He went on with his story, telling how the British troops ran before the fire of the Yankees,—how they re-formed and came on a second time, and were repulsed again,—how General Clinton went over from Boston with reinforcements,—how Charlestown was set on fire,—how the flames leaped from house to house, and curled round the spire of the church,—how the red-coats advanced a third time beneath the great black clouds of smoke,—how the ammunition of the Yankees gave out, and they were obliged to retreat,—how General Putnam tried to rally them,—how they escaped across Charlestown Neck, where the cannon-balls from the British floating batteries raked the ranks! He made it all so plain, that Paul wished he had been there.

The story completed, Paul climbed the creaking stairway to his narrow chamber, repeated his evening prayer, and scrambled into bed.

"He is a jolly boy," said the Pensioner to Paul's mother, as Paul left the room.

"I don't know what will become of him," she replied, "he is so wild and thoughtless. He leaves the door open, throws his cap into the corner, sets Bruno and Muff to growling, stops to play on his way home from school, sings, whistles, shouts, hurrahs, and tears round like all possessed."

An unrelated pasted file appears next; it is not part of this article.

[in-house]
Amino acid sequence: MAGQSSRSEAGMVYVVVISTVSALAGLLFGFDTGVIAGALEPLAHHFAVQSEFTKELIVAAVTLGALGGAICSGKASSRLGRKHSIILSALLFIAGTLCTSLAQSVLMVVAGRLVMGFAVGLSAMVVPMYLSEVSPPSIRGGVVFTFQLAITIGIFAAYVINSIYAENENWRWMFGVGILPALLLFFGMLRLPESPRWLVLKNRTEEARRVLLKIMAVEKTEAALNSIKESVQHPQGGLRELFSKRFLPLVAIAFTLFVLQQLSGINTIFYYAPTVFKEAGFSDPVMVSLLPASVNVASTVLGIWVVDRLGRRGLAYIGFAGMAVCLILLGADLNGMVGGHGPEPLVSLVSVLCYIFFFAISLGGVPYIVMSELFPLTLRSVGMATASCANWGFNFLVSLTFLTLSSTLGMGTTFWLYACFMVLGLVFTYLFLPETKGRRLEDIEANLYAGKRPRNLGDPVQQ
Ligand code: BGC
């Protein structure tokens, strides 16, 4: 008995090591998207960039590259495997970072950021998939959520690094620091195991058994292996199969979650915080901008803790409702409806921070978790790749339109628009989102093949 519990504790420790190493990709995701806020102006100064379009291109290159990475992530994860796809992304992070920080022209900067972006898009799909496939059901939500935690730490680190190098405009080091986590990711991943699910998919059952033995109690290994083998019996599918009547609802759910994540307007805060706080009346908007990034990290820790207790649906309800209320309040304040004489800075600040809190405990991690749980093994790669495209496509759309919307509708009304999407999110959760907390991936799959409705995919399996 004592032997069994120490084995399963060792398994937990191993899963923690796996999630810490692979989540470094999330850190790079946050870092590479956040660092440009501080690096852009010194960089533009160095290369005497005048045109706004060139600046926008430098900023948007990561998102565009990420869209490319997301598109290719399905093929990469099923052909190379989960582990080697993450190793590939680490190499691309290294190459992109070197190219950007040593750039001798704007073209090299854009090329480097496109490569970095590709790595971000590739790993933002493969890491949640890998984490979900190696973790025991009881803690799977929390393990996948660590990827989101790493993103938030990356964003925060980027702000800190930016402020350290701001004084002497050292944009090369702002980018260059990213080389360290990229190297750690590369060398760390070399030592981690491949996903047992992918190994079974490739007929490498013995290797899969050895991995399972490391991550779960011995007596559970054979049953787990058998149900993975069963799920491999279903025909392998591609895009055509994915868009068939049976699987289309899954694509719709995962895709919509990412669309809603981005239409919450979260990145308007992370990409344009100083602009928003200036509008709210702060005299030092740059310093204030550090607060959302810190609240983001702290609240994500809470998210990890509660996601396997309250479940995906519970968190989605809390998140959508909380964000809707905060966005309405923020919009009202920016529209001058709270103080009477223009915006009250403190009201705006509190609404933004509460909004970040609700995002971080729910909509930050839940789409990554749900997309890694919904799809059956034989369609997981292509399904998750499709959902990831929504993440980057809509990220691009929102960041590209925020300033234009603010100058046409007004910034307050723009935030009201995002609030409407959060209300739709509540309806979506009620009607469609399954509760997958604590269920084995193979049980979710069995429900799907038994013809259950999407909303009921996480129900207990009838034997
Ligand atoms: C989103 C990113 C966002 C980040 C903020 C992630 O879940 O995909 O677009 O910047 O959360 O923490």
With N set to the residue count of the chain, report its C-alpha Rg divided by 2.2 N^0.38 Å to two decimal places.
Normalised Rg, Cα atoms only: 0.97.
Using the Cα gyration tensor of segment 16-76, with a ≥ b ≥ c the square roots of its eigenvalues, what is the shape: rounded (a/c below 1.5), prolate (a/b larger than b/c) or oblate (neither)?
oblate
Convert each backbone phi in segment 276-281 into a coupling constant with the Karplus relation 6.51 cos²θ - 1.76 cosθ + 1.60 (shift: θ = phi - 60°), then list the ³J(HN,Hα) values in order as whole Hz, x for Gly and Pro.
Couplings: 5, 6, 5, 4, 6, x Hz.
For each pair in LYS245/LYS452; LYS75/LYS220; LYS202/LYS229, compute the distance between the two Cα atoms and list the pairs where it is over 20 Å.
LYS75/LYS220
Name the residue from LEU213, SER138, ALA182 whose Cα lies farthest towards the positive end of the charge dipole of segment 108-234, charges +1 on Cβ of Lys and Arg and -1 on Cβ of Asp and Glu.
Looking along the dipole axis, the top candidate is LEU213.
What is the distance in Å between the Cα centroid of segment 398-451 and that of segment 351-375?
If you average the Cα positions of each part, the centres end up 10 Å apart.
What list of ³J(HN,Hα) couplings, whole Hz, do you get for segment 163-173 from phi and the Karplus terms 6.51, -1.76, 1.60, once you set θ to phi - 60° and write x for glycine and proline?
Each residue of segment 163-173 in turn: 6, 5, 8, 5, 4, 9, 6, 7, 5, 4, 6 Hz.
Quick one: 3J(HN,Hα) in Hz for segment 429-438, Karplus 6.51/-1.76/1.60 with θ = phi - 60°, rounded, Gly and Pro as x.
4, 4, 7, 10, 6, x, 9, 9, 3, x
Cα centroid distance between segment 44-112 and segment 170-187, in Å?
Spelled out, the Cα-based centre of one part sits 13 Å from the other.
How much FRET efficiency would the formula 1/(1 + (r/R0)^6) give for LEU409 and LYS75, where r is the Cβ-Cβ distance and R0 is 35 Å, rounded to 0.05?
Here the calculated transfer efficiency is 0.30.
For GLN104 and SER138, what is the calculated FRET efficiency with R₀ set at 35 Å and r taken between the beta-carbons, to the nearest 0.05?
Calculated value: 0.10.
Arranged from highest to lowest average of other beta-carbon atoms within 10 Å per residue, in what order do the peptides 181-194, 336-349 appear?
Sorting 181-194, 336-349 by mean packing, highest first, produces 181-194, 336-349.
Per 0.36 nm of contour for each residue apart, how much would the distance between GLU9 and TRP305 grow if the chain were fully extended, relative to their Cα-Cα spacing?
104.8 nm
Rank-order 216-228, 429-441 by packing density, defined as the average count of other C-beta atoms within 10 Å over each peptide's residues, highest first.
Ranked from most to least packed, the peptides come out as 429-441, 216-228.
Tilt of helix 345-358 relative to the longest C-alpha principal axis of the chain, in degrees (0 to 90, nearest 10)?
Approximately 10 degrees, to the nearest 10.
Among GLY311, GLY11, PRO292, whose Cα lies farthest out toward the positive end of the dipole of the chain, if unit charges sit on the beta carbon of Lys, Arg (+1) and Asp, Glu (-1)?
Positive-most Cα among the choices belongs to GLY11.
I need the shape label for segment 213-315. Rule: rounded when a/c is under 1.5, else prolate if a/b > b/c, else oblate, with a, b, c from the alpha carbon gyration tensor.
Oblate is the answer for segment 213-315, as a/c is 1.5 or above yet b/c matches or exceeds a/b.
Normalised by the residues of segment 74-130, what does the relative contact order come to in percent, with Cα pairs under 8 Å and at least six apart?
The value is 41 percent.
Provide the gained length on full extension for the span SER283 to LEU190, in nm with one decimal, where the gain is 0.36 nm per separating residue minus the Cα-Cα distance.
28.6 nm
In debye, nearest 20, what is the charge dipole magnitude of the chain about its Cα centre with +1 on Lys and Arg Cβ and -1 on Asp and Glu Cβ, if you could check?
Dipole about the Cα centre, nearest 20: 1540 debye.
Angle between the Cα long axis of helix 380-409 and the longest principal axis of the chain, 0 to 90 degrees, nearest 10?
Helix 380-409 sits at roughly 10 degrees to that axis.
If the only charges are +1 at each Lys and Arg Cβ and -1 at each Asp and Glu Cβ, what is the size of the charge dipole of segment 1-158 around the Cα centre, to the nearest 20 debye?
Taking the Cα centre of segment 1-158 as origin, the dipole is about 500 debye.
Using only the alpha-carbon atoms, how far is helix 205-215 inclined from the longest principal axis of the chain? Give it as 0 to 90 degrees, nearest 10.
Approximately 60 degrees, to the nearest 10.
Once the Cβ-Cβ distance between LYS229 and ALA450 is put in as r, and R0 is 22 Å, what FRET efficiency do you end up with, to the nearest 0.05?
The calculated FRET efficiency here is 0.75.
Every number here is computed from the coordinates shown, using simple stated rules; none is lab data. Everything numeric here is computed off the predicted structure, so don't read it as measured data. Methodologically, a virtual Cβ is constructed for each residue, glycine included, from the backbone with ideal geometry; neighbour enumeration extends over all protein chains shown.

If she could have looked into Paul's desk at school, she would have found whirligigs, tops, pin-boxes, nails, and no end of strings and dancing dandy-jims.

"Paul is a rogue," said the Pensioner. "You remember how he got on top of the house awhile ago and frightened us out of our wits by shouting 'Fire! fire!' down the chimney; how we ran out to see about it; how I asked him 'Where?' and says he, 'Down there in the fireplace, grandpa.' He is a chip of the old block. I used to do just so. But there is one good thing about him, he don't do mean tricks. He don't bend up pins and put them in the boys' seats, or tuck chestnut-burs into the girls' hoods. I never knew him to tell a lie. He will come out all right."

"I hope so," said Mrs. Parker.